- The final puzzle of Nine Hours, Nine Persons, Nine Doors requires you to flip the DS upside-down. It's actually justified in-story: Flipping the DS signifies that you are playing as Junpei and sending the answers to Akane in the past.
- The first boss of Destroy All Humans! 2 — the hippie commune leader Coyote Bongwater — has a hallucinatory rainbow ray gun, which causes your screen to wobble, turn multicoloured, and has colourful flowers pop up for no reason.
- Grand Theft Auto: Vice City and San Andreas use a slight version of this to simulate substance abuse, whether alcohol or marijuana. Watch the screen move...
- Vice City actually features a rather memorable mission where your friend exposes you to some extremely potent moonshine and then manages to blow himself up. You have to drive him to the hospital whilst your vision and motor control are still severely affected by the booze fumes.
- This is more pronounced in Grand Theft Auto IV: When Niko gets drunk the camera wobbles, the screen blurs, and the character responds very vaguely to your controls. This could be annoying, if it weren't a completely optional form of gameplay (although if you avoid it you do miss out on some entertaining dialogue). A less optional example comes when a kidnapping victim keeps trying to wrestle control of the car Niko's driving, causing it to veer sharply and randomly, until he mercifully punches her lights out. There's a dose of Fake Difficulty as well since, with some practice, you are able to control a car decently while drunk yet cops will still chase you down when they spot you. Yet, when sober, you can drive far worse without a peep from the cops.
- And in Grand Theft Auto: Chinatown Wars, you have at least one mission which messes with your radar map for a specific reason. One of these missions involve you tracing scramblers by looking at how distorted your map is; the closer you are to one, the more unrecognizable the map is.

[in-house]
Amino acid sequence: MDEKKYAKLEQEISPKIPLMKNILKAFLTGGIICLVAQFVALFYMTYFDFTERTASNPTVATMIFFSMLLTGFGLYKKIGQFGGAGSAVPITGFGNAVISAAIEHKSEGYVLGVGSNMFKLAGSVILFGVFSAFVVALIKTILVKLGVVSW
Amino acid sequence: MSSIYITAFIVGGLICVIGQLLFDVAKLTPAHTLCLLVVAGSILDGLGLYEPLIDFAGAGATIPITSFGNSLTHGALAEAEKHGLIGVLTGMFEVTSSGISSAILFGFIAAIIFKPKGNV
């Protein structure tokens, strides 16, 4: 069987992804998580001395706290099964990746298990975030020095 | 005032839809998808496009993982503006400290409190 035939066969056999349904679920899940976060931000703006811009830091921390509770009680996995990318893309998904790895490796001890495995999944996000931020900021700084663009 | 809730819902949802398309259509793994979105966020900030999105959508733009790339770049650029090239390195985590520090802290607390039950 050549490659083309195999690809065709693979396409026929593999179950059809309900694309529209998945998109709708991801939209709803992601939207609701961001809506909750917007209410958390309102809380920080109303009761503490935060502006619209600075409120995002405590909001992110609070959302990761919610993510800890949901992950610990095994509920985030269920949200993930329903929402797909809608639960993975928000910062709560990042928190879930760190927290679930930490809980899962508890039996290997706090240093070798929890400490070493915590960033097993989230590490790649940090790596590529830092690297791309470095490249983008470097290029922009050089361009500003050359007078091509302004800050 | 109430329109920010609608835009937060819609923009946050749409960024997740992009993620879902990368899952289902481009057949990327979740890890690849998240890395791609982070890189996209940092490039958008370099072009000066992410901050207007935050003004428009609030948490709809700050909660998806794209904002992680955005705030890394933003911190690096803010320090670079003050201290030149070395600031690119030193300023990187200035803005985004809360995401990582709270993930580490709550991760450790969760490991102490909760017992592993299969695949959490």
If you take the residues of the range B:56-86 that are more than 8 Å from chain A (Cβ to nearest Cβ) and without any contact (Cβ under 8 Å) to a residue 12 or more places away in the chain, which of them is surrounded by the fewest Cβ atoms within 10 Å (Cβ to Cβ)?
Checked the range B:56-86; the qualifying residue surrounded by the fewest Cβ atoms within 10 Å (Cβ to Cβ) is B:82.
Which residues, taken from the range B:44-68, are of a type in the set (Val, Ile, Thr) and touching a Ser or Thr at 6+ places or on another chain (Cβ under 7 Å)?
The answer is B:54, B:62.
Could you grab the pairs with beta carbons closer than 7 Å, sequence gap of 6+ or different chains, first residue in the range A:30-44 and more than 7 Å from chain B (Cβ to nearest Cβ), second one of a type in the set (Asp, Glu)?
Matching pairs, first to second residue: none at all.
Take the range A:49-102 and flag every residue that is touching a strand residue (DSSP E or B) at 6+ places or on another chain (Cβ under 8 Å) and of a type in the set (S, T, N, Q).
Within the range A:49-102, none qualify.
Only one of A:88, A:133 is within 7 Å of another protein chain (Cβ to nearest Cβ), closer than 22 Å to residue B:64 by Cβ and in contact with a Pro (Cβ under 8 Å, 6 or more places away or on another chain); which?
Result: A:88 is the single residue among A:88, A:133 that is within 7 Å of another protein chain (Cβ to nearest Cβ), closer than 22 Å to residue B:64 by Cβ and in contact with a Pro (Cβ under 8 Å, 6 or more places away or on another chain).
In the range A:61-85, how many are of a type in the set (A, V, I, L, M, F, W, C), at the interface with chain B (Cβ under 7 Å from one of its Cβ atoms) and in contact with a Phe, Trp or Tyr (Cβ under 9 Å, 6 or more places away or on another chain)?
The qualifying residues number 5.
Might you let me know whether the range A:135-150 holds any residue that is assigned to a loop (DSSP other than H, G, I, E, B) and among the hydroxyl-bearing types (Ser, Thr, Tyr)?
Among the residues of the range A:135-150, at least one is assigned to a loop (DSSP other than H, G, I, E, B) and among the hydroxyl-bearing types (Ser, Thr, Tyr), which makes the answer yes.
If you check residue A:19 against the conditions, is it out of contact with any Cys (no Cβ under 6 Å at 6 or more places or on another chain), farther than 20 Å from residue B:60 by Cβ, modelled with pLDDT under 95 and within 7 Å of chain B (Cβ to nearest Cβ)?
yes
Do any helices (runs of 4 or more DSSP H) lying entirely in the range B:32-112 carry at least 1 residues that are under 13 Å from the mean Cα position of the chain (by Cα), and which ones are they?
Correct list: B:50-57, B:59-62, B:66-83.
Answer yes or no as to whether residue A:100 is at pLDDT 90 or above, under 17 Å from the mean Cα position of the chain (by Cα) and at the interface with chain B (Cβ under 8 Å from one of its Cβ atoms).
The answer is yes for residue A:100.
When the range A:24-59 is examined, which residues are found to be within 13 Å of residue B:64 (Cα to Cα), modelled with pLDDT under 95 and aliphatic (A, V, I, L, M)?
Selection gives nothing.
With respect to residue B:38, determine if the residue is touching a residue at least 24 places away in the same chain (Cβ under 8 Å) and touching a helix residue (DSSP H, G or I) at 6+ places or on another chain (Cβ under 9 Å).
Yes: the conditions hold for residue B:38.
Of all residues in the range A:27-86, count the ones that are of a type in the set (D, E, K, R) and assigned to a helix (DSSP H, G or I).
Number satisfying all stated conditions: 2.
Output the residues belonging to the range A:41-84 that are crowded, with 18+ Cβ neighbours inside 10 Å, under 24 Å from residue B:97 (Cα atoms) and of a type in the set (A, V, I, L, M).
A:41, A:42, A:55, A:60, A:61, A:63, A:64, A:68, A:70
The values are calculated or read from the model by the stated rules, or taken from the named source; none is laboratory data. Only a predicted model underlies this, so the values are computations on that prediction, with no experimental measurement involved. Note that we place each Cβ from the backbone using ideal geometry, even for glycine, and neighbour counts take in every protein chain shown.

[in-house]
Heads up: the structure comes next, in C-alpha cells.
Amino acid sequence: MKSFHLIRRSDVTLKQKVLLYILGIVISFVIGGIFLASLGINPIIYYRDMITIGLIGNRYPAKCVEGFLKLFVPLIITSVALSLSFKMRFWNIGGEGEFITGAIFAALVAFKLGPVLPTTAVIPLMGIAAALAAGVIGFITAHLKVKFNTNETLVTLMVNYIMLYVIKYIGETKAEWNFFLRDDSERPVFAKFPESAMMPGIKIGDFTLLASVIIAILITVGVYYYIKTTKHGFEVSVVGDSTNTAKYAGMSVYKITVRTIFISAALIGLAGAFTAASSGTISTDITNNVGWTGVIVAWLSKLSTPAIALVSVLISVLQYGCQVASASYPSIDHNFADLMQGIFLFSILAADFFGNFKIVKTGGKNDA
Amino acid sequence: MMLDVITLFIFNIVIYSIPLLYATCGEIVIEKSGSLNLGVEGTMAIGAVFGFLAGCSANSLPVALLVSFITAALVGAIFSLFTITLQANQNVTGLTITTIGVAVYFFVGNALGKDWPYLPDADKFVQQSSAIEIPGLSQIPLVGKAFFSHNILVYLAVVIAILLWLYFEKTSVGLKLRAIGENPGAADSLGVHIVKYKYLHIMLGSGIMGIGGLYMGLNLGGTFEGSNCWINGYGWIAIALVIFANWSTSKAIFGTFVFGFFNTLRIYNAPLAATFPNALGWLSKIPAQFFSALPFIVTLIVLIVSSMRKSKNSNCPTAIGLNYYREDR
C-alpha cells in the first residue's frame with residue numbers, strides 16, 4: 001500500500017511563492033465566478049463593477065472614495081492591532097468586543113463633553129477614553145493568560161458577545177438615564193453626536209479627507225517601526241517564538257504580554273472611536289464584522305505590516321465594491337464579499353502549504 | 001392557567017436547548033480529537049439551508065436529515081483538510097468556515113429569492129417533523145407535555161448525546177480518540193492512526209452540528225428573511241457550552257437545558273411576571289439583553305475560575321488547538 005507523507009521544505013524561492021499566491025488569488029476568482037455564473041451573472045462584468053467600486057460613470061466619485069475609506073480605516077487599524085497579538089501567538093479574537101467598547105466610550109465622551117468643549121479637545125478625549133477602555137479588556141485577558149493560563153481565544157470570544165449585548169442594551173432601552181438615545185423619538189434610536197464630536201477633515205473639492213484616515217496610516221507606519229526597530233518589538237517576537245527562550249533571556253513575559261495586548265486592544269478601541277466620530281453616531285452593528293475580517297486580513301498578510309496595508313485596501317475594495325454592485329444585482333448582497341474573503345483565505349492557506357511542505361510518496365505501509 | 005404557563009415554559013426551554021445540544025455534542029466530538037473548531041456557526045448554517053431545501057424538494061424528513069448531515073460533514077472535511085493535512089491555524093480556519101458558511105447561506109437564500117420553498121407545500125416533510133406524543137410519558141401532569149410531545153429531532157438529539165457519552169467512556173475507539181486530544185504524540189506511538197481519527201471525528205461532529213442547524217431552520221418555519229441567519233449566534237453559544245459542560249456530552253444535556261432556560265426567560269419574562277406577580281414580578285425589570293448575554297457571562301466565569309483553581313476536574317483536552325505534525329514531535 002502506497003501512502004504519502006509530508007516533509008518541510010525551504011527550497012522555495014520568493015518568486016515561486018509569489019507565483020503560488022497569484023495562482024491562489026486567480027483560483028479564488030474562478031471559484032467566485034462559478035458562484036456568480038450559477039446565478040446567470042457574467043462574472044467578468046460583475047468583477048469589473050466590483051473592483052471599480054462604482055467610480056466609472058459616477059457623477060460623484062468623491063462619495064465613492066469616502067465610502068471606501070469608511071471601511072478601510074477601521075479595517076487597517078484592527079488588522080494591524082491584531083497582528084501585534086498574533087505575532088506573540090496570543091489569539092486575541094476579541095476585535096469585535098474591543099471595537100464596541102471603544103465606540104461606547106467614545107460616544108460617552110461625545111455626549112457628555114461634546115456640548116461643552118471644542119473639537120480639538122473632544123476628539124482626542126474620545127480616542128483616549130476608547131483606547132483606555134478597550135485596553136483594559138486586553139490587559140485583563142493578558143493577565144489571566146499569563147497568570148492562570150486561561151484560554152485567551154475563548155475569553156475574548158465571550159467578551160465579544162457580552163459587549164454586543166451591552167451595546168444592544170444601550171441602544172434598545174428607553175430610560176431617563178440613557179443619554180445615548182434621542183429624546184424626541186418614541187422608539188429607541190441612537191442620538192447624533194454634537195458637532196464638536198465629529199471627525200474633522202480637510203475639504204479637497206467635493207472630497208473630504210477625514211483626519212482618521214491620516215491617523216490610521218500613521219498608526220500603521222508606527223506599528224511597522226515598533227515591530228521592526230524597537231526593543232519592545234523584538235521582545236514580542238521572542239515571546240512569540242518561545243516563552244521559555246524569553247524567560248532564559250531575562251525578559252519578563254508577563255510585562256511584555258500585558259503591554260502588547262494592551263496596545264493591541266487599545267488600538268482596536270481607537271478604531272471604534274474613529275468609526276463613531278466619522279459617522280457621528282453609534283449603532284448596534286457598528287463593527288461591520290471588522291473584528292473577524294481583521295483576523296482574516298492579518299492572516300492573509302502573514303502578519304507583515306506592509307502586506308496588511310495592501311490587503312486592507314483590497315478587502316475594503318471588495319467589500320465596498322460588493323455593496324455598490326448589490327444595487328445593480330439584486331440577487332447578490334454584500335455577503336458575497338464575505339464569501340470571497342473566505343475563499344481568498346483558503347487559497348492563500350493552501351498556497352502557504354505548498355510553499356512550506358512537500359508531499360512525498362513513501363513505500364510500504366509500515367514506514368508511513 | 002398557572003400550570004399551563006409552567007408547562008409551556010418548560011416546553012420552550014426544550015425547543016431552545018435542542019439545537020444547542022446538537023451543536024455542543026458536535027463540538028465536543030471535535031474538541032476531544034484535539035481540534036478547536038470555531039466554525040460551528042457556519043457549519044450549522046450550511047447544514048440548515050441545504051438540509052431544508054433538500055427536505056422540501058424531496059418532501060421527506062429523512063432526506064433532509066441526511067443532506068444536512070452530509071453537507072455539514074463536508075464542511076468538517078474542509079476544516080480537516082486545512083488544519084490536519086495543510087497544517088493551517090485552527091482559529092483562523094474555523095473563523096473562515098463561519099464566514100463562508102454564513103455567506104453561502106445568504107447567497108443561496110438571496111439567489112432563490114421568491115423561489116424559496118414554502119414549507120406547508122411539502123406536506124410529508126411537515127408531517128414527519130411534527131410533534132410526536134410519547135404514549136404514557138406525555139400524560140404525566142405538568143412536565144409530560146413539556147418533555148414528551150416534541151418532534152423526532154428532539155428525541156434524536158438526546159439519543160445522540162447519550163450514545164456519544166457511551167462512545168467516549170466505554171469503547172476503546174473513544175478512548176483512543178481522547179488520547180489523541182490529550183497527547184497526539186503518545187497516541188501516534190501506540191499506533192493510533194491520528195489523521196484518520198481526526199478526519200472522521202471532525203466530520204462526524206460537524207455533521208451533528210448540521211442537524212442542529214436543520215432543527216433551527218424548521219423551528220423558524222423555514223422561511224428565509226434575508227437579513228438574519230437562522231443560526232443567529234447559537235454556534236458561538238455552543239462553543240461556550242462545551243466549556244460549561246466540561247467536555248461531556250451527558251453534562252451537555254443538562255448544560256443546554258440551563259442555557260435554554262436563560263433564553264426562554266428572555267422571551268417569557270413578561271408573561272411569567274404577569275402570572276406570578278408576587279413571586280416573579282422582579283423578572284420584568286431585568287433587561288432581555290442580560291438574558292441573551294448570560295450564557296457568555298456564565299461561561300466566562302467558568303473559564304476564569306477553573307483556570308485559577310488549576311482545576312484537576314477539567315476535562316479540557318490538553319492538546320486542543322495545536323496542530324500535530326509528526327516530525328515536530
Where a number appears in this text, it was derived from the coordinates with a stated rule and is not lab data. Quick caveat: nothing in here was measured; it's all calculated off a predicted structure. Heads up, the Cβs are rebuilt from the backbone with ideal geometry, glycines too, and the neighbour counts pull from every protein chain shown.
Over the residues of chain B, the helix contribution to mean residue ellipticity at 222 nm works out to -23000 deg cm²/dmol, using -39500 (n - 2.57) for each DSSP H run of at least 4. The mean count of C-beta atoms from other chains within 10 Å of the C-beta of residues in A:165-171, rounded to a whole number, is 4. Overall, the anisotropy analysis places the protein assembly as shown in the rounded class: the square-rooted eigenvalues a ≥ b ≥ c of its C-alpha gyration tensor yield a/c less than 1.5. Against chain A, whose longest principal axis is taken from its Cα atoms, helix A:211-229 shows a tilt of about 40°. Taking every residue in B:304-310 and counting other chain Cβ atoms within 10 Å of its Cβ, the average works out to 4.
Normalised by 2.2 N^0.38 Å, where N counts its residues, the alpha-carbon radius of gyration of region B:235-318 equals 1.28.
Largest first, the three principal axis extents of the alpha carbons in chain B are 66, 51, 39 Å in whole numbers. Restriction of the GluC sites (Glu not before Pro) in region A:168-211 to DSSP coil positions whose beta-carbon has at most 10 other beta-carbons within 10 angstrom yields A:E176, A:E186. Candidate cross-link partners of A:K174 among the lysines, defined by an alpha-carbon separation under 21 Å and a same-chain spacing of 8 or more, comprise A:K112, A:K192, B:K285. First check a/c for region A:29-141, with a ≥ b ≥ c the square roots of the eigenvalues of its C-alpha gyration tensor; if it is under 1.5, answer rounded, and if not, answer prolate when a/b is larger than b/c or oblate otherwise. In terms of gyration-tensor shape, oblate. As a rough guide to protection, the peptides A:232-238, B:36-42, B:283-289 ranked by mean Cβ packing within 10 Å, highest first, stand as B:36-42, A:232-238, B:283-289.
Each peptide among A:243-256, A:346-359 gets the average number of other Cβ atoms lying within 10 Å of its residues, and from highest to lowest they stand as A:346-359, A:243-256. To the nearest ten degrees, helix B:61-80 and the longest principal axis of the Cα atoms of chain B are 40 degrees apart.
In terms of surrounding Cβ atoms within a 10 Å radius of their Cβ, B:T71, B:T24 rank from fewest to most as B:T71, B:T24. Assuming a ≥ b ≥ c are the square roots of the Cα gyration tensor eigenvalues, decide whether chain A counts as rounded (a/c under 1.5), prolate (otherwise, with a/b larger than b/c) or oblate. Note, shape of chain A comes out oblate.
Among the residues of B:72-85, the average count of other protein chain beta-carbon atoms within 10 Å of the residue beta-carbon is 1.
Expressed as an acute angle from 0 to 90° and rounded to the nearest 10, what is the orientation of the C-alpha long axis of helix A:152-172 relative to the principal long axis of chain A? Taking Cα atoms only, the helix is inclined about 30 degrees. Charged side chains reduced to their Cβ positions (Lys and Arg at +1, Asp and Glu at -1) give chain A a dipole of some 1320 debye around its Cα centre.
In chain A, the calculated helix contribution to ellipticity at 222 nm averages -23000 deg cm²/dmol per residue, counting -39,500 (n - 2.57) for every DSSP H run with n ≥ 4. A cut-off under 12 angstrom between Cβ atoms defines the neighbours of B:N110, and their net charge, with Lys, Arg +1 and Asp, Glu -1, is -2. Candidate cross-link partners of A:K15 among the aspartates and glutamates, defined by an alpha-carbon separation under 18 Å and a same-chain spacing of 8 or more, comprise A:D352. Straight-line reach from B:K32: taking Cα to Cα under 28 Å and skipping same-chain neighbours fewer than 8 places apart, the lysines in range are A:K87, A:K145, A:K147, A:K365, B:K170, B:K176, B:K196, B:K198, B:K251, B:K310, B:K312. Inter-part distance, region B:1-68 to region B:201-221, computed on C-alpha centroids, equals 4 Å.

- In Bully, if you stay up really late, like 1:00 am, then the screen goes all blurry, the music is now freakishly sluggish and your character's response is decreased. If you don't get to your bed in your dorm before 2:00 am, you faint. When you wake, you may have lost some of your possessions (usually your shoes).
- Needless to say, if you actually are playing late at night and you start to notice Jimmy's head dropping and the creepily distorted soundtrack very subtly start to creep in, it's pretty unnerving.
- Stalker's Controller will suddenly drag your perspective right up INTO ITS FACE.
- Also, if you drink too much Vodka your character will start swaying and see bright flashes in front of his eyes... Which makes aiming with a weapon, really difficult.
- In Shadow of Chernobyl, when you enter the Yantar factory complex, you'll come under the effects of Lab X-16's psy-emissions. Your screen will get a whitish-yellowish tint, a strange sound will play every few seconds, and all other sounds (including your own gunfire) will be a little drowned out. The effect is lessened if you have the calibrated psy-protection helmet— it's more pronounced if you have the non-adjusted helmet, and it's even worse if you don't have the helmet at all. Additionally, staying near a Controller or Psy Dog for too long will cause blurred and double vision as you are influenced by their psy-fields.
- In Saints Row, getting drugged makes everything look wobbly. Good thing you've got plenty of ammo...
- In Saints Row 2, if you drink too much (which is required for some side missions), your vision is blurred, your character's movement becomes worse, and they'll start saying random drunken phrases. The mission "Bad Trip" has the Boss escaping from the Sons of Samedi after being heavily dosed with Loa Dust, and having to fight his way back to the Saints HQ and fend off waves of Samedi goons while stoned.
- In Saints Row: The Third, the Boss spends most of the mission "Pimps Up, Hos Down" tripping (and naked) after infiltrating a Morningstar brothel. Also, during the final showdown with Matt Miller (the leader of the Deckers gang) in "http://deckers.die", Miller shuts down your character's connection to his network, causing various error screens to show up before you are patched through again. This is particularly jarring if you are playing on the PC.
- In Saints Row IV, during Shaundi's loyalty mission she, her stoner self from SR2, and the Boss all get high on alien drugs that make the screen wobbly and pixellated, and also give the two Shaundis super-powers.